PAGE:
Drinking water treatment

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We use several different treatment processes to turn raw water into safe and wholesome drinking water.

We get our water from two types of sources. About three quarters of our supplies are from rivers and the rest is taken from groundwater sources.

The water then goes through a rigorous set of processes at our water treatment works before being pumped into the network to your home or business.

The treatment process varies according to the type and quality of the source of water.

Groundwater treatment works

These works abstract water from below ground sources such as aquifers and springs.

Groundwater tends to be relatively clean in comparison to surface water, and fewer treatment steps are required.

Surface water treatment works

These works take their water from above ground sources such as rivers and reservoirs.

Raw water from these sources is open to direct environmental input, and multiple treatment steps are required to clean the water.

Individual process steps are used in varying combinations to clean and disinfect the abstracted water.

The treatment process

The information below will tell you more about the different stages of the water treatment process.

Water used for drinking water supplies comes from either surface sources such as rivers, or underground sources such as springs.

Raw water is pumped from these sites to the treatment plant for processing.

Water abstracted from surface sources such as rivers can be temporarily held in large, open storage reservoirs.

Storage reservoirs allow the blending of abstracted water with water already held in the reservoir, which permits dilution of incoming contaminants.

Water can be held in storage reservoirs for hundreds of days before it is pumped to the works for treatment.

The long storage time allows for some water quality improvements:

  • Debris and solid contaminants settle-out
  • Sunlight breaks down organic material
  • Some bacteria die off

This process is mainly used for surface waters, and removes floating objects such as leaves from the water by passage through metal grills and screens.

A chemical coagulant is dosed into the water, and acts to bind together fine suspended material such as silt and mud particles.

The coagulant forms a 'floc', which traps the clumps of material, and is then removed from the water by settlement or flotation.

There are several different types of filter available for use in the water industry.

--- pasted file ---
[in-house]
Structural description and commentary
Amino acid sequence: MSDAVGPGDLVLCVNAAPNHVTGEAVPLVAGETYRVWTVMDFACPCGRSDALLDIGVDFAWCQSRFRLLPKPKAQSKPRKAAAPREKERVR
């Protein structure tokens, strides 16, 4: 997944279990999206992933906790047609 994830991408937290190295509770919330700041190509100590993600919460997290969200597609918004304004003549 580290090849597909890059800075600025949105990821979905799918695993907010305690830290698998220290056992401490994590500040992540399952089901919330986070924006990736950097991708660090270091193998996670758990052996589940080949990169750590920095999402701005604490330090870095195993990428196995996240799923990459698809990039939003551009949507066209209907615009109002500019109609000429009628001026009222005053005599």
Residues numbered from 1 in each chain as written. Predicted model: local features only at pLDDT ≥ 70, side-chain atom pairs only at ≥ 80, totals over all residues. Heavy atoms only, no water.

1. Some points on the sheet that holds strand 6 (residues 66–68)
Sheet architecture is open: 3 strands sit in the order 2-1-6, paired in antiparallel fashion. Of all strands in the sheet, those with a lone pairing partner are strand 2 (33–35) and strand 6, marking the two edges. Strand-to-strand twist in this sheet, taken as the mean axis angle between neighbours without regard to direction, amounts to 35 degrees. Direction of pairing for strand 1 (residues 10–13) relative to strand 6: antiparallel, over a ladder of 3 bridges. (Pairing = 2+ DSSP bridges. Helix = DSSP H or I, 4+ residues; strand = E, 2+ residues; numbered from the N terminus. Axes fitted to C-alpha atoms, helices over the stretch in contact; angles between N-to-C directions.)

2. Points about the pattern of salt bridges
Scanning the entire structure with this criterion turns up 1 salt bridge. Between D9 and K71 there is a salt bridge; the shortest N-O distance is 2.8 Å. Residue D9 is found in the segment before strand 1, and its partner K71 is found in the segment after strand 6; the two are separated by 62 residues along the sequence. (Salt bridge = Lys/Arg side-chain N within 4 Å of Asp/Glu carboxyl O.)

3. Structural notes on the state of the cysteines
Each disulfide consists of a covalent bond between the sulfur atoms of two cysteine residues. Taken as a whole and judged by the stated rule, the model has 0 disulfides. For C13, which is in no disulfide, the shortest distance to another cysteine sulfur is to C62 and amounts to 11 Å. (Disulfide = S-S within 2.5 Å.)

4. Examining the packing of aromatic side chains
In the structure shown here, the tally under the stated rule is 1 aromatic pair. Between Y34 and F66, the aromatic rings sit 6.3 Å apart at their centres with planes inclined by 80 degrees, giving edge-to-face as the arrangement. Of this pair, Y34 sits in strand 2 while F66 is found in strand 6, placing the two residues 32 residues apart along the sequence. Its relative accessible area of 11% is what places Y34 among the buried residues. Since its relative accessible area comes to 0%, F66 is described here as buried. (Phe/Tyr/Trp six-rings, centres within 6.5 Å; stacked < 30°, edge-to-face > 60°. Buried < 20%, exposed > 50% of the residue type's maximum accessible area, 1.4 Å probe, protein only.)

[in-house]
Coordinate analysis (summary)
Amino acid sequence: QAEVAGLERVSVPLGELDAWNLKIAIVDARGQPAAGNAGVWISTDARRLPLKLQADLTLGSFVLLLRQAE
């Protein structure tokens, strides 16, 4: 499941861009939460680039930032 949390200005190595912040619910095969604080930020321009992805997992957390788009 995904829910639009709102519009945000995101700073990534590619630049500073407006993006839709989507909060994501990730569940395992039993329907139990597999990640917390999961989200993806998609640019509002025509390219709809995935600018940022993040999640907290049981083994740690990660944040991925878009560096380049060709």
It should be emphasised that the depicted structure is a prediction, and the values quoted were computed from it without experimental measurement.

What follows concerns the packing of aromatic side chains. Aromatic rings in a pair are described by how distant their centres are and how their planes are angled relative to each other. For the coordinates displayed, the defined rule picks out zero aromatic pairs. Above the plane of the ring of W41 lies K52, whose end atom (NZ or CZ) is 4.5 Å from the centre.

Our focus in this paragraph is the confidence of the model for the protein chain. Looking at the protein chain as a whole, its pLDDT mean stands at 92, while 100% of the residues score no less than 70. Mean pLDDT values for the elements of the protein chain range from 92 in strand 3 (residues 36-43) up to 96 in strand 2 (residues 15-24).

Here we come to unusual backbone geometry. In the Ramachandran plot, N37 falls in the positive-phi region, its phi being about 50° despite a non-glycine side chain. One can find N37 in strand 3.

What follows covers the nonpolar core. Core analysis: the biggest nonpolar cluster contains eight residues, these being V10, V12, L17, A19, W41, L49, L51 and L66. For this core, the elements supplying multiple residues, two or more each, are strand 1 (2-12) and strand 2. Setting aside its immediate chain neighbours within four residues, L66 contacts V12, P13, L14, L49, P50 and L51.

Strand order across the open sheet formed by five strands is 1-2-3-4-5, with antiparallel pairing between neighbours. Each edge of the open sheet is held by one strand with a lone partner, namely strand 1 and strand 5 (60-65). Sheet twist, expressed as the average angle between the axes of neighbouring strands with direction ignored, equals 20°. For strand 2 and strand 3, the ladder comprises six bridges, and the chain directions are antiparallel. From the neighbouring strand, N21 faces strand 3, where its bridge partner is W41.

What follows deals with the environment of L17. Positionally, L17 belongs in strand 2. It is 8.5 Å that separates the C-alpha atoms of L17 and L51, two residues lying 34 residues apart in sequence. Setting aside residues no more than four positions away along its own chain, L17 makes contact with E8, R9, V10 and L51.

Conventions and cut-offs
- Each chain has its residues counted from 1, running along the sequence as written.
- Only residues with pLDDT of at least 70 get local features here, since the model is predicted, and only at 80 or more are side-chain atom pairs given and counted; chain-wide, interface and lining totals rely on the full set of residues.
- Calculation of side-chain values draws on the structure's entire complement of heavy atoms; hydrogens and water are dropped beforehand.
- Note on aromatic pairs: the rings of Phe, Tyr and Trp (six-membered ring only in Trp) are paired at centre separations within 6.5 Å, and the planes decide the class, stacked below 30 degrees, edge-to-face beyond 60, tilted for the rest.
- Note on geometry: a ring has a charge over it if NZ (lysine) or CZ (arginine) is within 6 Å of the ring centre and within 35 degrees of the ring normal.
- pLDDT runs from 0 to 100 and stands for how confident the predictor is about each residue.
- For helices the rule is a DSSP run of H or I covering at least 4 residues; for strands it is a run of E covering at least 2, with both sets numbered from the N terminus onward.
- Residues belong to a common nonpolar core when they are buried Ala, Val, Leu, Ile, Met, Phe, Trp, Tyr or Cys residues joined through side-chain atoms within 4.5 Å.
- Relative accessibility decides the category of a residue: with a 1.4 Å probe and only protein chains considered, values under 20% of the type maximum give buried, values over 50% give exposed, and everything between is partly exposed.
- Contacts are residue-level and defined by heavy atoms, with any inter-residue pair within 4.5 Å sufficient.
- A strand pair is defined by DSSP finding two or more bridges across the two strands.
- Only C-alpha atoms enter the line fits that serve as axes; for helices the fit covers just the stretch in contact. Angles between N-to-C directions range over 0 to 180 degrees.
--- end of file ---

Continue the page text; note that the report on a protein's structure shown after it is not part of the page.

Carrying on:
However, all function in a similar way by sieving suspended material from the water.

Slow sand filters also have a biological action, as the top sand layers trap organic material, and support the biological growth of bacteria and other micro-organisms.

These micro-organisms breakdown organic compounds held within the water as it trickles through the filter, thereby providing an additional cleaning action.

This process can be used to remove, or reduce the level of or oxidise:

  • Unwanted compounds such as hydrogen sulphide and carbon dioxide from water.
  • Dissolved metals such as iron in order to ease subsequent removal.

Various techniques are used to achieve this.

This process is an advanced system used to remove pesticides, organic compounds and unpleasant tastes and odours.

Water is directed into GAC vessels, which contain highly porous carbon particles.

These particles are able to adsorb organic compounds from the water, thus improving its quality.

This is an advanced water treatment process, which involves injecting ozone into the water to breakdown pesticides and organic material.

Ozone is a very reactive molecule that attacks these compounds and destroys them.

Ozone also has an anti-bacterial action.

Chlorine is used as a disinfectant and can be added to water as either a liquid or a gas.

It can be dosed immediately into the incoming raw water for various reasons, to:

  • Benefit downstream treatment processes
  • Have an immediate anti-bacterial effect
  • Oxidise unwanted chemicals in the water.

Chlorine is dosed at the end of treatment, before the water is sent into supply to destroy harmful micro-organisms.

The disinfection process is performed in specially designed contact tanks, which contain a series of baffles.

The tanks ensure that the chlorine remains in good contact with the water for a set amount of time, to ensure effective disinfection, before it is sent into the distribution network.

Ammonia can be dosed into the water following final chlorination to form a longer lasting disinfectant.

Ammonia reacts with chlorine to form chloramines, which decay at a slower rate compared to free chlorine.

This can be useful if the water has to travel large distances to reach customer properties.

However, chloramines are less effective disinfectants compared to chlorine, so it is important to disinfect the water with free chlorine first, before converting it into chloramines.

  • Each treatment works employs several processes to produce safe and wholesome drinking water.
  • Each treatment works is tailored according to its incoming raw water.
  • Effective water treatment is essential for protecting public health.